Gaudi’s Gems Highlight the Architectural Splendor of Barcelona



By David A. F. Sweet




We arrived in Barcelona on a historic day in Europe — though not for Spain. The first coronation of a British king in more than 80 years started soon after we checked in at the graceful Hotel Duquesa de Cardina. At a nearby restaurant, cured hams hanging tantalizingly in the window in front of us, we watched the spectacle in Spanish.


This unorthodox home designed by Antoni Gaudi is colorful and unique.


The royal pomp was as far away from Barcelona’s radically designed Casa Vicens – our first tourist visit – as Meghan Markle was from her father-in-law’s crown. Given my traditional tastes in architecture, I expected to dismiss the house. Far from it – the 19th-century, 55-foot-high abode that was Antoni Gaudi’s first commission of note was captivating. Outside, it resembled a toy castle with wild colors, bizarre shapes, and balconies. Entranced by nature, Gaudi included painted roses on the main floor of the interior and depictions of flying birds elsewhere. Beyond that, the juxtaposition of unique decorations inside in many ways defy description, especially from one not versed in Gaudi’s methods.

We greeted more conventional architecture on our second stop at Santa Maria del Mar. Getting in was a bit confusing, given the joyous wedding celebration happening on the front steps and locked doors around the church. But we ran into our English-speaking guide and entered through the rear entrance.


The wondrous interior of the Sagrada Familia is matched by the awe-inspiring exterior.


Built in the 1300s over 55 years, Santa Maria del Mar features tall side naves that were once owned by families. Its Gothic architecture is perfectly symmetrical. Up on the roof, the views of Barcelona are fantastic – you can also see the exterior cracks from a 1428 earthquake, along with the attempts to fix them. Though anarchist groups vandalized the church during the Spanish Civil War – destroying graves and breaking stained glass windows – those desecrations were mended long ago.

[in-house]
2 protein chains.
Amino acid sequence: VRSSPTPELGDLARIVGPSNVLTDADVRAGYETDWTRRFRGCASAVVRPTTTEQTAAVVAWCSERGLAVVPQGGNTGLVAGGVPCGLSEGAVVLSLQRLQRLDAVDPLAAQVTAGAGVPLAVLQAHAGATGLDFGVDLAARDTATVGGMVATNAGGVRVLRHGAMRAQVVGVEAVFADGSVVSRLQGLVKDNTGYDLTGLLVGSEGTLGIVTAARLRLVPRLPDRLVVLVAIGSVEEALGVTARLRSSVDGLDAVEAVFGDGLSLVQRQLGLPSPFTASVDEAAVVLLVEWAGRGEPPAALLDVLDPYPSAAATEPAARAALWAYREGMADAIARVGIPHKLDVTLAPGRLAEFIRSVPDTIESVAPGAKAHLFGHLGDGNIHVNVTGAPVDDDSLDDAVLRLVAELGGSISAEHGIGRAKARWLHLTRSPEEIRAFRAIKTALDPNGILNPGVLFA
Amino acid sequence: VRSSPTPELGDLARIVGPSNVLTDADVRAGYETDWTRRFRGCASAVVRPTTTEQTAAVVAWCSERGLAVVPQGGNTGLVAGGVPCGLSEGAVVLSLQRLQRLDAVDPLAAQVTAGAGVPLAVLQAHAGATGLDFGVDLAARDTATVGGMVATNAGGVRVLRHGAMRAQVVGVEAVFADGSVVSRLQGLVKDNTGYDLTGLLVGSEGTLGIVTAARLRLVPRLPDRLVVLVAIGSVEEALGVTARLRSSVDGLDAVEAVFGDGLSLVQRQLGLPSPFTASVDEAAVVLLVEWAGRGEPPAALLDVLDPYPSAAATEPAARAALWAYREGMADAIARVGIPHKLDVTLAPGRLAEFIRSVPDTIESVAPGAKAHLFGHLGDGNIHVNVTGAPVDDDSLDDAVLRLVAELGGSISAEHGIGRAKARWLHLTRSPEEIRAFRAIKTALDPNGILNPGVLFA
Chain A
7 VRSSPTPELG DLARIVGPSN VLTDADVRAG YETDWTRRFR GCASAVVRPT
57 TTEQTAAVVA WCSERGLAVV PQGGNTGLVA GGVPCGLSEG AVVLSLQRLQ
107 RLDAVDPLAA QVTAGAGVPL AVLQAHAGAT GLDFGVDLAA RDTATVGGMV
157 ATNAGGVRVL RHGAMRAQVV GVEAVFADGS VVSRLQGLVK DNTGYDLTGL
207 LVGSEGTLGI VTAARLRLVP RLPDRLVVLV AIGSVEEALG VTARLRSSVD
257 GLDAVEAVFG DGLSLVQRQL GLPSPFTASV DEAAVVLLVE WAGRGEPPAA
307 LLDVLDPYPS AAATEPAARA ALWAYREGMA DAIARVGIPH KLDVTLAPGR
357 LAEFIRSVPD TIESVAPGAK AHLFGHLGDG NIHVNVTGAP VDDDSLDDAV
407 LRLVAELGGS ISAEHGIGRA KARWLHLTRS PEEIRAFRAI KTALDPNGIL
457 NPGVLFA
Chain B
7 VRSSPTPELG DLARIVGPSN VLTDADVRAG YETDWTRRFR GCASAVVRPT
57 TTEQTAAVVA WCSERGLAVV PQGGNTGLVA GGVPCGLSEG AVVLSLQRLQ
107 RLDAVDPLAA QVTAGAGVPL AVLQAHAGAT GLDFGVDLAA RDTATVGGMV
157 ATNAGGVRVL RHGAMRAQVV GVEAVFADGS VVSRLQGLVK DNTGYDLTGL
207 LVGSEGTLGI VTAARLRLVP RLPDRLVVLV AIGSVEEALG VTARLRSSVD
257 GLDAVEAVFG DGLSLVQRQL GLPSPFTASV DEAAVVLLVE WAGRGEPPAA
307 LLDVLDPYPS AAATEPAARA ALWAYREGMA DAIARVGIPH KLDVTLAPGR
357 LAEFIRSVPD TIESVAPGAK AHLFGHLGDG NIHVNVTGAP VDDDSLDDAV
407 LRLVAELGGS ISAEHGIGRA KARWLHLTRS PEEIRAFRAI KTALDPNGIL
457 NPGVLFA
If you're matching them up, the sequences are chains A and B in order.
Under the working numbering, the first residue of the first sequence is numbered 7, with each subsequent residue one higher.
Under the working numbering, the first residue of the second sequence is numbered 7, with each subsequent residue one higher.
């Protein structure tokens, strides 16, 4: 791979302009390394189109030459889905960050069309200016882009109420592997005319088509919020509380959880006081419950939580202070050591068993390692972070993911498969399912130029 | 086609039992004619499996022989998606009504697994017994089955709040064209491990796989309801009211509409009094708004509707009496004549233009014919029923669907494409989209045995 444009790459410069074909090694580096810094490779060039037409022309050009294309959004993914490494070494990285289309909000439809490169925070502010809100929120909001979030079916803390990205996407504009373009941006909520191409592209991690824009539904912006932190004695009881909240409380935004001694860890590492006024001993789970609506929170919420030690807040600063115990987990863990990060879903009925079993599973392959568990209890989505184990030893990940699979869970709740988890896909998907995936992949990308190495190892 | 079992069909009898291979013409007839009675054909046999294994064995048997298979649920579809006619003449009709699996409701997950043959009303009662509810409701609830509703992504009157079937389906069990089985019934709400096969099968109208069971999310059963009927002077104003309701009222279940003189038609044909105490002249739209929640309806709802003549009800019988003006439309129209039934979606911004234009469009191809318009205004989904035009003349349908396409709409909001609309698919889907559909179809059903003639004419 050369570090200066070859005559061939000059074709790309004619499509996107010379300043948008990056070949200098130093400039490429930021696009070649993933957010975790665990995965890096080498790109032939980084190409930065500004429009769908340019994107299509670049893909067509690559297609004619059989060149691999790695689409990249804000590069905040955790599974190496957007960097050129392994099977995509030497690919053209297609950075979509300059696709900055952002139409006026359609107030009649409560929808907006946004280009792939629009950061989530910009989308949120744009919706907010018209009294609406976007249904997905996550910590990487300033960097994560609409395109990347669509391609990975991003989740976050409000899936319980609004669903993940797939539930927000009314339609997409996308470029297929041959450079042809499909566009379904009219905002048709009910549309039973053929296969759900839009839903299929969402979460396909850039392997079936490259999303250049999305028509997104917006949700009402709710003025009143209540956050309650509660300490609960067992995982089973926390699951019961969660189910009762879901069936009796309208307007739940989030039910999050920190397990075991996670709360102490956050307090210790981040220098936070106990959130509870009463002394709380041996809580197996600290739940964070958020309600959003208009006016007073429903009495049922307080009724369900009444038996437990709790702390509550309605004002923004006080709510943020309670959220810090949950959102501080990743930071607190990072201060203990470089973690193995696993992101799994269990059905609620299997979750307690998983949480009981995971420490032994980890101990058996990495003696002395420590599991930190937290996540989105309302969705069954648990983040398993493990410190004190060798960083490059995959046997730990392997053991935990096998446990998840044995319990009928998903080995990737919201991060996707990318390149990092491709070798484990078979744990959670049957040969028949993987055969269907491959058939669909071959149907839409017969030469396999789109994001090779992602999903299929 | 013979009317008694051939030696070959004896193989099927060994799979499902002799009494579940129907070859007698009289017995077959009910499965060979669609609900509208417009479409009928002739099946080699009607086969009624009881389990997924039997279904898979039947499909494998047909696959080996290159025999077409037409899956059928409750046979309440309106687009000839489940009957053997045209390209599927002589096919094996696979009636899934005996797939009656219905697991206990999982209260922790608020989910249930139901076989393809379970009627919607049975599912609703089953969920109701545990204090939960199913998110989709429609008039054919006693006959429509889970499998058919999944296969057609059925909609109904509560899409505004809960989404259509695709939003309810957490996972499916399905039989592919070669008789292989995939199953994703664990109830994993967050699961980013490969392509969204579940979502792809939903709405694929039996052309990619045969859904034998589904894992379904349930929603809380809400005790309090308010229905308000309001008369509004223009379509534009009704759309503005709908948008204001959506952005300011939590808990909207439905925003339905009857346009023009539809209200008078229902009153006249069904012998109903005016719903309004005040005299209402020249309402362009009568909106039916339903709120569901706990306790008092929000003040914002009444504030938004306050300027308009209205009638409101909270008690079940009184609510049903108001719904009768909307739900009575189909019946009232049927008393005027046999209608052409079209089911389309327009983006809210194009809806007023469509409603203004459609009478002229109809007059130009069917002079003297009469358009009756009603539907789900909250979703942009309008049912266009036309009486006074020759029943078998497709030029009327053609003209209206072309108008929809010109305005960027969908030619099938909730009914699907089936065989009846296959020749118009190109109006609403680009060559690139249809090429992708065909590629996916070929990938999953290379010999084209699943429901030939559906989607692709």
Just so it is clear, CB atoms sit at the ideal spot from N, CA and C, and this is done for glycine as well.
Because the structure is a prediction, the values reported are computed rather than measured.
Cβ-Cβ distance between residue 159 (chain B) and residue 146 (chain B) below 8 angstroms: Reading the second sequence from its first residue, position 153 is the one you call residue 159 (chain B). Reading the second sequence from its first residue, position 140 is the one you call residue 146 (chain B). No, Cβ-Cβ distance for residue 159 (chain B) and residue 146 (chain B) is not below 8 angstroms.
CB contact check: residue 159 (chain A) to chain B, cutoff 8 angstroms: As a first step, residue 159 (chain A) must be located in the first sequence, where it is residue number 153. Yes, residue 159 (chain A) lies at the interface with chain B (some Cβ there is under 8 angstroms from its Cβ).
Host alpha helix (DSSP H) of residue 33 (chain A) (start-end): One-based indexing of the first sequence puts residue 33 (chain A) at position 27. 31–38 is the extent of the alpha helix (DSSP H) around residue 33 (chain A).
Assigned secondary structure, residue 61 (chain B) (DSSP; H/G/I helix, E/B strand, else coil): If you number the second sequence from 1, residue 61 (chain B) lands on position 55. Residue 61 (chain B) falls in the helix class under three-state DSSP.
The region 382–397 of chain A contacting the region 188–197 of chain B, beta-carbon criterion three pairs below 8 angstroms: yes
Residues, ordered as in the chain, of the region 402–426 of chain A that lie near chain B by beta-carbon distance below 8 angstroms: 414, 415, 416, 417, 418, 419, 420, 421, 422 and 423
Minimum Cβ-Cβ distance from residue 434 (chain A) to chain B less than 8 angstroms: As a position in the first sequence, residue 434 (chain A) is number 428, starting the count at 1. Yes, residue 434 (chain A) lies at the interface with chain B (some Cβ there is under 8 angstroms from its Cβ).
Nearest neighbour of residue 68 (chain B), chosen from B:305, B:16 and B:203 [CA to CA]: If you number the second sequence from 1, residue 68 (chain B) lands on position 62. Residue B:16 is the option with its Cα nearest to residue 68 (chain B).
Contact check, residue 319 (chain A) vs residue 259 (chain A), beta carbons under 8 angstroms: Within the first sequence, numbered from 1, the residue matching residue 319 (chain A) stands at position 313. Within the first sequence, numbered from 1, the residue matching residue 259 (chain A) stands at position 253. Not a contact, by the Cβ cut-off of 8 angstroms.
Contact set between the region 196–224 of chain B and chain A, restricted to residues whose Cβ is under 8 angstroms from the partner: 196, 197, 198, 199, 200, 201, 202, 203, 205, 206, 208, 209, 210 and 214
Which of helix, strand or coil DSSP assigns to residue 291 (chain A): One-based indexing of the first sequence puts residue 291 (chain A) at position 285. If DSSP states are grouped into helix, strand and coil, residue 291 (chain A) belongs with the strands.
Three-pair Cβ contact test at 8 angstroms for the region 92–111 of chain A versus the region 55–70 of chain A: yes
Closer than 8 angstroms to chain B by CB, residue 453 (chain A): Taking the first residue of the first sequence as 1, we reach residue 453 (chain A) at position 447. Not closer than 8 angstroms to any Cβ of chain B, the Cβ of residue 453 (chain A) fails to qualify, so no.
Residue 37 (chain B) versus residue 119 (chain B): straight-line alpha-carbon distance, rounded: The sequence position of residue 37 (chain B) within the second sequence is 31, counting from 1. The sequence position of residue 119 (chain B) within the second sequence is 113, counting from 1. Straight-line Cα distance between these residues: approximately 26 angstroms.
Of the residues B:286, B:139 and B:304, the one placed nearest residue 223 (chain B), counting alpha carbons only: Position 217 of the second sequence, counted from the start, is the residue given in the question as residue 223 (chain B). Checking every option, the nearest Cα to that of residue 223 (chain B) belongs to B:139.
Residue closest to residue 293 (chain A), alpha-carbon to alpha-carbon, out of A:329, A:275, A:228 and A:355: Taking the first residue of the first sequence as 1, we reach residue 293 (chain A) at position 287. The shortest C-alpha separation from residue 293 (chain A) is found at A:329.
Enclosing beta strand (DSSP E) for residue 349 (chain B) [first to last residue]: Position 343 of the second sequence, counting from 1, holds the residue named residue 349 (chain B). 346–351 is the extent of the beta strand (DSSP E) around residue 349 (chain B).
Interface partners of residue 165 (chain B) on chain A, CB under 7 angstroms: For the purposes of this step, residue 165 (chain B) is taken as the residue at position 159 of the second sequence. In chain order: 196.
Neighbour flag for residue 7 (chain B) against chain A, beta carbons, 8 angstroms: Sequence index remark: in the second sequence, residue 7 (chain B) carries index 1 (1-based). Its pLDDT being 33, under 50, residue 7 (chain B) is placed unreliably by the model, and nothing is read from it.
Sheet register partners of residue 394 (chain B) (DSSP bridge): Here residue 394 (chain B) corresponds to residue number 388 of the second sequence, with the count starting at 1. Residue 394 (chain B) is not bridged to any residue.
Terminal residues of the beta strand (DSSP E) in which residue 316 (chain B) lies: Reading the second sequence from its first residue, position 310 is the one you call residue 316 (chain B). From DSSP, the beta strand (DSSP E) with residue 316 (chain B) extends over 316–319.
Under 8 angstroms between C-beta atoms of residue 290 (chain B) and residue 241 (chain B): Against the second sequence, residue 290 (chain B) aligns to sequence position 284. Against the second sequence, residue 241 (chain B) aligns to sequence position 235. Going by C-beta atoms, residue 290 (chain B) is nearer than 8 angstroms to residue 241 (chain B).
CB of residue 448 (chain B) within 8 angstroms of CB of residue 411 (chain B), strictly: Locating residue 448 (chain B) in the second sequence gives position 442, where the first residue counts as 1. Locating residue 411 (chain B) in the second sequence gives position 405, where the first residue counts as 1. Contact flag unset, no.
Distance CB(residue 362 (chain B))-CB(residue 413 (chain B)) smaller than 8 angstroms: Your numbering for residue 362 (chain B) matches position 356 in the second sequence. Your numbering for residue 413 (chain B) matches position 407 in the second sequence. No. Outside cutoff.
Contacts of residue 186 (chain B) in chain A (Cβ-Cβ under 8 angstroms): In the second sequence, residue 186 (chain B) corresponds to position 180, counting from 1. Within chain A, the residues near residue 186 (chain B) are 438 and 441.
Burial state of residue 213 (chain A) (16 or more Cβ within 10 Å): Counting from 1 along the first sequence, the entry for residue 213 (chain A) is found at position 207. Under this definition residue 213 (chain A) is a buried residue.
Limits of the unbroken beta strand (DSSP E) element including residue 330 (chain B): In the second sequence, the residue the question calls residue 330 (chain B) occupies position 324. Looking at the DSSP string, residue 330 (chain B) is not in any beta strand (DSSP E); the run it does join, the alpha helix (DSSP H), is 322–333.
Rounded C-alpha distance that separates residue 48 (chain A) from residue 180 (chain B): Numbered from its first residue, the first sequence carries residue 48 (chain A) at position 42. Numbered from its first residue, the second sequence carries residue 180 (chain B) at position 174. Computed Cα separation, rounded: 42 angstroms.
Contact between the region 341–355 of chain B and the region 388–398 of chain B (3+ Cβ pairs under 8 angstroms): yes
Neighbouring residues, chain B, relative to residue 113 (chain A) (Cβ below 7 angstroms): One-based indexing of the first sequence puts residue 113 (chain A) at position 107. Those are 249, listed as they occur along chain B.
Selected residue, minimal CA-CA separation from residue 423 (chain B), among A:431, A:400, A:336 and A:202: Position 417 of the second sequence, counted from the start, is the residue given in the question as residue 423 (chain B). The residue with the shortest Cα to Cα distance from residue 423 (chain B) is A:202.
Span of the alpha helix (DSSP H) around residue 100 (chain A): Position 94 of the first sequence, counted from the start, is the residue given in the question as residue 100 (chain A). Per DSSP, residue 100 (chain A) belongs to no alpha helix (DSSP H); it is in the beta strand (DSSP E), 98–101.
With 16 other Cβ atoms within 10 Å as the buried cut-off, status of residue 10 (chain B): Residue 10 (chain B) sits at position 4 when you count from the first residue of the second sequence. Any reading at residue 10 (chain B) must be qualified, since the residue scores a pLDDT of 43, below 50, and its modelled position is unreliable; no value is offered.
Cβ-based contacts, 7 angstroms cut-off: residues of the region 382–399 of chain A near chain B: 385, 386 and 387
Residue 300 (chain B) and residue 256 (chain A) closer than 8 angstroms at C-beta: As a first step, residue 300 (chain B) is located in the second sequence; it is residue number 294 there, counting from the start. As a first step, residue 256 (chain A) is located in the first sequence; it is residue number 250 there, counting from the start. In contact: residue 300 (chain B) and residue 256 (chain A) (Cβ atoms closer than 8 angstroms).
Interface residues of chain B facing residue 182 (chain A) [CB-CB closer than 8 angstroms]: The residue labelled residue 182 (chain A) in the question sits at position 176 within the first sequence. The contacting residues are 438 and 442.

The tour de force among attractions was the Basilica de la Sagrada Familia, Gaudi’s masterpiece. Amazingly, it is still being built, as cranes above the church attested, even though the cornerstone was laid in the 19th century. The facades by the entrances are known as “The Bible in stone” – statues of biblical happenings, from the Three Magi visiting baby Jesus in the Nativity Façade to Jesus’ last night before crucifixion in the Passion Facade and a Glory Façade still being built that will show Christ’s rise into heaven. And that’s just the exterior – the incredible heights inside are jaw-dropping.

Of course, one of the glories of Spain is the food. Great restaurants can be found in the endless alleyways of the bustling city or by the harbor. The food is always fresh, and everything from sea bass to various types of cheese tastes incredible.


A sunset cruise on the Mediterranean Sea is a joyful experience.


Though Barcelona rests on the Mediterranean Sea, that doesn’t mean lying on the beach is peaceful — as soon as your towel is out, you’ll receive ceaseless offers to buy mojitos from those not versed in mixology, along with blankets. But you can also take a sunset cruise to the sounds of live jazz –and enjoy mojitos that are properly created.

Coming soon: The joys of Madrid

Unsung Gems columnist David A. F. Sweet can be reached at